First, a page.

Margaret Abruzzo is associate professor of history at the University of Alabama. Her first book, Polemical Pain: Slavery, Cruelty, and the Rise of Humanitarianism (Johns Hopkins, 2011), used the slavery debate to trace the changing moral meanings of humaneness and cruelty. She's on sabbatical this year, splitting her time between the Cushwa Center in the fall and the Notre Dame Institute for Advanced Study, where she will be a residential fellow in Spring 2015. Abruzzo received a research travel grant from the Cushwa Center in 2013.
What's the focus of your current project?
My work analyzes changing conceptions of sin, wrongdoing, and moral responsibility during the 18th and 19th centuries by tracing how Protestant and Catholic theologians, ministers, philosophers, reformers, novelists, and ordinary people answered seemingly old questions: What does it mean to be a good (or bad) person? Why do “good” people do bad things? These might seem like timeless questions, but they provoked new and intense puzzlement in the 18th and 19th centuries, in part because a lot of the older explanations for why people sinned had weakened.
During the 18th and 19th centuries, older critiques of human nature as deeply depraved increasingly gave way to more positive perceptions of a human capacity for goodness. This tended to strain many of the traditional explanations for human misbehavior, such as blaming the passions, self-interest, or innate human depravity. But while many of these explanations had weakened, Americans continued to denounce sin and wickedness. Confidence in human nature did not make evil disappear; it just made it much harder to explain.
These difficulties helped create a dichotomy in how people talked about sin and sinners. They increasingly drew a distinction between “ordinary” sinners and evildoers, describing good people as making mistakes, often in the face of external pressure or temptation, while the wicked malevolently and deliberately chose evil. I’m exploring how Americans developed new narratives to explain how and why good people became sinners, especially at a time when Americans (and others) were less likely to think of themselves as wicked.
What drew you to this topic?
This project grows out of my longstanding historical interest in understanding how people deal with the tensions between their moral ideals and their actual behavior, but it grew more specifically out of unanswered questions from my first book, which traced the rise of moral concern about cruelty within the context of the slavery debate. I was struck by the enormous gap between how slaveholders saw themselves (humane and benevolent) and the ways they were described by antislavery writers, who often attributed their actions to malevolence or a desire to cause pain.
In other reading, I began noticing that the word “cruelty” was frequently attached to other kinds of wrongdoing, such as seduction. Why cruelty? At a time in which morality was closely linked to benevolence, associating immorality with cruelty made some sense. But why did attributing malice to seducers seem a convincing explanation of their moral motivations? More puzzlingly, how did malicious sinners themselves think about their behavior? Did they think of themselves as malicious? And, what about other sinners—how did they think about their own wrongdoing? After writing about how slaveholders had justified their own behavior, I became more and more interested in the ways that people understood their own behavior when they could not justify and defend it even to themselves.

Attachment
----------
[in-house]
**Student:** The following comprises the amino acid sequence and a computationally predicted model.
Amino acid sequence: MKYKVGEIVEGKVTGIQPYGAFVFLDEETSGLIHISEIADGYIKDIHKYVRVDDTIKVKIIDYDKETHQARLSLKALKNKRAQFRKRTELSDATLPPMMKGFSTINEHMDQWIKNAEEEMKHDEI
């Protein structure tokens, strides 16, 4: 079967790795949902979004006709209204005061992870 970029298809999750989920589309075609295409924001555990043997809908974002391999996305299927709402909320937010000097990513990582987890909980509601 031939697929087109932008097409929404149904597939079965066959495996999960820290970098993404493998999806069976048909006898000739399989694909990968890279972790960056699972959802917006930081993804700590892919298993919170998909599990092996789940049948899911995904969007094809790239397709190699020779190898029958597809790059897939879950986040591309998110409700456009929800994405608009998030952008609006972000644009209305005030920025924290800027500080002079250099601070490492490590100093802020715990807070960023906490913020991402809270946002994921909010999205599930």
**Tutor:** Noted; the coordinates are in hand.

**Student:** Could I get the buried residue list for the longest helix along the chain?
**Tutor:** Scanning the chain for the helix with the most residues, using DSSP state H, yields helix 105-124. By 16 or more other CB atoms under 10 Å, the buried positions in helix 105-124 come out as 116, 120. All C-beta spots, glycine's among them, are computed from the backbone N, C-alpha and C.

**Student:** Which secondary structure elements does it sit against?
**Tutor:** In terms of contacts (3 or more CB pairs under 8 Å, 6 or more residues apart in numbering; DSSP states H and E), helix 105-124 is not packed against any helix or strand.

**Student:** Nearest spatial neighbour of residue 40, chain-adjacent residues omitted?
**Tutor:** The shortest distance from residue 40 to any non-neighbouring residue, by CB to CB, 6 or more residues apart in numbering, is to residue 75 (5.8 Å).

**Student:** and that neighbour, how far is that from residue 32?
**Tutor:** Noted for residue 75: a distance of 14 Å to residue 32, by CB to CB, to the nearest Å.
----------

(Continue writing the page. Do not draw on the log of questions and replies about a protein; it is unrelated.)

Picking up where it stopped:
What sources have you found especially helpful in the Notre Dame archives?
I’ve been spending a lot of my time reading the papers of early bishops, especially the Archdiocese of Baltimore, a diocese that initially included the entire United States. At first I doubted that I would find much, since extraordinary secrecy surrounds individual confessions, but the broader processes of reconciling sinners left behind more evidence than I expected.
Catholic moral theology was an intricate legal system, and priests—often lacking easy access to theological libraries—had to consult other priests and bishops for advice both about the intricacies of the law and about how to handle particularly sticky “cases of conscience.” Priests also sometimes imposed conditions for absolution (such as returning stolen property); in one case, when a priest helped return stolen property anonymously, the failed attempt to compel him to identify the penitent led to a court case that established a legal protection for the seal of confession. Moreover, bishops sometimes had to investigate and deal with conflicts over confession that cropped up in their dioceses—such as when penitents claimed that a priest was being too harsh in the confessional, or when a priest attempted to institute public penance for the sin of public drunkenness in his congregation (a short-lived experiment). Because of this, the priests had to articulate how they were handling issues of confession, and the ensuing correspondence turned out to be really helpful.